Press "Enter" to skip to content

How do potassium channel blockers work?

A class of drugs that act by inhibition of potassium efflux through cell membranes. Blockade of potassium channels prolongs the duration of ACTION POTENTIALS. They are used as ANTI-ARRHYTHMIA AGENTS and VASODILATOR AGENTS.

What happens if Na+ channels are blocked?

Complete block of sodium channels would be lethal. However, these drugs selectively block sodium channels in depolarized and/or rapidly firing cells, such as axons carrying high-intensity pain information and rapidly firing nerve and cardiac muscle cells that drive epileptic seizures or cardiac arrhythmias.

What happens when sodium channels open?

Role in action potential Voltage-gated sodium channels play an important role in action potentials. If enough channels open when there is a change in the cell’s membrane potential, a small but significant number of Na+ ions will move into the cell down their electrochemical gradient, further depolarizing the cell.

How do fast sodium channel blockers affect the heart?

These channels are normally found along the conduction pathway, especially near the sinoatrial (SA) node and the atrioventricular (AV) node. By blocking these channels, these drugs reduce the heart rate and the speed of conduction in the heart.

Is diazepam a sodium channel blocker?

It is concluded that diazepam causes a faster block and unblock of Na+ channels than the other compounds. The effective concentrations of diazepam are, however, higher than the free plasma levels reached therapeutically, e.g., during the treatment of epileptic seizures.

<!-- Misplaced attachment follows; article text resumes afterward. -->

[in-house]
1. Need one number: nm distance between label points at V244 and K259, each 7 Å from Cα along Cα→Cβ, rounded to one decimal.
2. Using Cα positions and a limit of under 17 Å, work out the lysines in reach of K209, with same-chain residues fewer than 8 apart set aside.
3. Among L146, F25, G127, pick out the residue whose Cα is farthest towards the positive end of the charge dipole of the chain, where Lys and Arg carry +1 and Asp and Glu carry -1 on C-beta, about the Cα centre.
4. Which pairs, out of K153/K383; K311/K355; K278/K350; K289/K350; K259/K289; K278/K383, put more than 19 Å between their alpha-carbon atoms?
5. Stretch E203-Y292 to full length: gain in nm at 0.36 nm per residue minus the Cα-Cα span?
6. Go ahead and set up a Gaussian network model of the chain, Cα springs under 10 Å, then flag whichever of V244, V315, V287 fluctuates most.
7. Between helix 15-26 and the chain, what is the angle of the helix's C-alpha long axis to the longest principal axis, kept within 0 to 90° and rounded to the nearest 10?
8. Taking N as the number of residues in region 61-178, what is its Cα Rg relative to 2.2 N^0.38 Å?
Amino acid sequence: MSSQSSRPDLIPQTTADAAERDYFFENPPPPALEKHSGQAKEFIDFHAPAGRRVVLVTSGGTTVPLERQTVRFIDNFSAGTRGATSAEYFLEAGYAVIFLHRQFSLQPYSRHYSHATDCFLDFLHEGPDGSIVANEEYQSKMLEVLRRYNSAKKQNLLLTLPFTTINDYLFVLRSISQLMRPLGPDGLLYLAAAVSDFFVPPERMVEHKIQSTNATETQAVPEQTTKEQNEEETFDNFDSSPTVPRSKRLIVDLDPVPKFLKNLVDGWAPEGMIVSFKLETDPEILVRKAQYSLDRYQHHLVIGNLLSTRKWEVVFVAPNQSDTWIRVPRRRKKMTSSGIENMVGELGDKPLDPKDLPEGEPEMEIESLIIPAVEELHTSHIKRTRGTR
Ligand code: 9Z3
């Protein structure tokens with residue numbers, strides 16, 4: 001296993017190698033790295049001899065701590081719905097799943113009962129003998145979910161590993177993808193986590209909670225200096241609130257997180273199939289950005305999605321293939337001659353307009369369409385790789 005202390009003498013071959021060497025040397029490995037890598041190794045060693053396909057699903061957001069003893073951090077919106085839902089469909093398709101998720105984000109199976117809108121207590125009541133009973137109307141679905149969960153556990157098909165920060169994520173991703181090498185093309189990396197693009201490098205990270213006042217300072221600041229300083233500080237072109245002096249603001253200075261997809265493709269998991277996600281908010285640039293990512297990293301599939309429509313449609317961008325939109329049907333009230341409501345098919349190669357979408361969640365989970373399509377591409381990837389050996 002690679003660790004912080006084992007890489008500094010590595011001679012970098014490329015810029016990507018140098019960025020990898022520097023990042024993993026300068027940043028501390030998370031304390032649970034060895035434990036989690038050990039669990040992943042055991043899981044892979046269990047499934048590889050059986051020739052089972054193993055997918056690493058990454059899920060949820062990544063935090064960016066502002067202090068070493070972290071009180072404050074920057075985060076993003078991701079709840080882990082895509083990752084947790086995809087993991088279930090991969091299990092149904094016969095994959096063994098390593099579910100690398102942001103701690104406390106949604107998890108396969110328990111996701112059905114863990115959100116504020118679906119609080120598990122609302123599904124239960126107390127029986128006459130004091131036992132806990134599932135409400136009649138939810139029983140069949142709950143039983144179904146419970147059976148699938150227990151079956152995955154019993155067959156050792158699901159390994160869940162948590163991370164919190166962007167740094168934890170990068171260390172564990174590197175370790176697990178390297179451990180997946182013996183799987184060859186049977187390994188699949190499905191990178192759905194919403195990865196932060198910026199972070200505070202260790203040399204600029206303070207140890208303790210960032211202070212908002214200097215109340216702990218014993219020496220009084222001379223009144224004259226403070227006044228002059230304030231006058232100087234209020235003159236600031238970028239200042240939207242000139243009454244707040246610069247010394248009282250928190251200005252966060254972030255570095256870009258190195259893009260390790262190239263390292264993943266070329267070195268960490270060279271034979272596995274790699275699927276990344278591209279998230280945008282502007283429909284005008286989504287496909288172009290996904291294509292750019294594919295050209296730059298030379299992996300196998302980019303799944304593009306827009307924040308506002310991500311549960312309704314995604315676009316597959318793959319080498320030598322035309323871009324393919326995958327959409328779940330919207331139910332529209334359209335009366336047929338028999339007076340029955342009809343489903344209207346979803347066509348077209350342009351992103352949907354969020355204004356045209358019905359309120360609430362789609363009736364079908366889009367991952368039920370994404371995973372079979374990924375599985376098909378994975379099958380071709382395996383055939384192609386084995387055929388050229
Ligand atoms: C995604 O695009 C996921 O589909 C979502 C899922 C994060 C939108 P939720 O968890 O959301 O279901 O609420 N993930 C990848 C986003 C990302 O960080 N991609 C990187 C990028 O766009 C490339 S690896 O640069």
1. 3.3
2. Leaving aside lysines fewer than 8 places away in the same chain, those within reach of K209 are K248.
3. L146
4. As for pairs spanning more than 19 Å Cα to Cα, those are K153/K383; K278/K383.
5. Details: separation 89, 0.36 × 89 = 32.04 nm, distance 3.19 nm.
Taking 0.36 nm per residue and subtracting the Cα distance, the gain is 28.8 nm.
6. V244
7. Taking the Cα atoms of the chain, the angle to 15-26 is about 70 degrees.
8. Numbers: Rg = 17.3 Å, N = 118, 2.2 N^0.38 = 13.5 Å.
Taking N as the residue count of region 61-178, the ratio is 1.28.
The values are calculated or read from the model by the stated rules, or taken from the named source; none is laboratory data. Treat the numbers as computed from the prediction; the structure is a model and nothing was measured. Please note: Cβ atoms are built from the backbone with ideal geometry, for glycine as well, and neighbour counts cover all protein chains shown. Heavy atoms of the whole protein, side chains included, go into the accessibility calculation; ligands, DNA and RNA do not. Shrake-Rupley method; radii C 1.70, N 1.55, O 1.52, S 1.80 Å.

Which of the following is considered a Class I sodium channel blocker?

Class I: Fast sodium (Na) channel blockers Ia -Quinidine, procainamide, disopyramide (depress phase 0, prolonging repolarization) Ib -Lidocaine, phenytoin, mexiletine (depress phase 0 selectively in abnormal/ischemic tissue, shorten repolarization)

What is a class 3 antiarrhythmic?

A class III antiarrhythmic drug used for the maintenance of normal sinus rhythm and cardioversion in cases of atrial fibrillation and atrial flutter.

How are antiarrhythmic drugs classified?

This classification system is comprised of four categories. Class I agents block sodium channels. Class II agents are Beta blockers. Class III agents prolong the cardiac action potential.

Which drug is a Class III Antidysrhythmic?

Antidysrhythmic drugs The drugs that have been incriminated include disopyramide, encainide, flecainide, mexiletine, moracizine, procainamide, and quinidine [65–71]. The class III drug d-sotalol has also been associated with an increased risk of mortality in such patients [72].

Are beta blockers antiarrhythmics?

Beta blockers are class antiarrhythmics and are commonly used to treat supraventricular tachycardias.

What is the most toxic antiarrhythmic agent?

In terms of its toxicity, amiodarone remains the most feared of the antiarrhythmic agents.

What are beta blockers examples?

Examples of beta blockers

  • Acebutolol (Sectral)
  • Atenolol (Tenormin)
  • Bisoprolol (Zebeta)
  • Metoprolol (Lopressor, Toprol XL)
  • Nadolol (Corgard)
  • Nebivolol (Bystolic)
  • Propranolol (Inderal, InnoPran XL)

Do beta blockers stop arrhythmias?

The most common arrhythmia is atrial fibrillation (AF), which is commonly treated with beta blockers such as atenolol, bisoprolol and metoprolol. Beta blockers may stop the arrhythmia occurring but, more often, are useful for slowing down the heart rate during the arrhythmia without actually terminating it.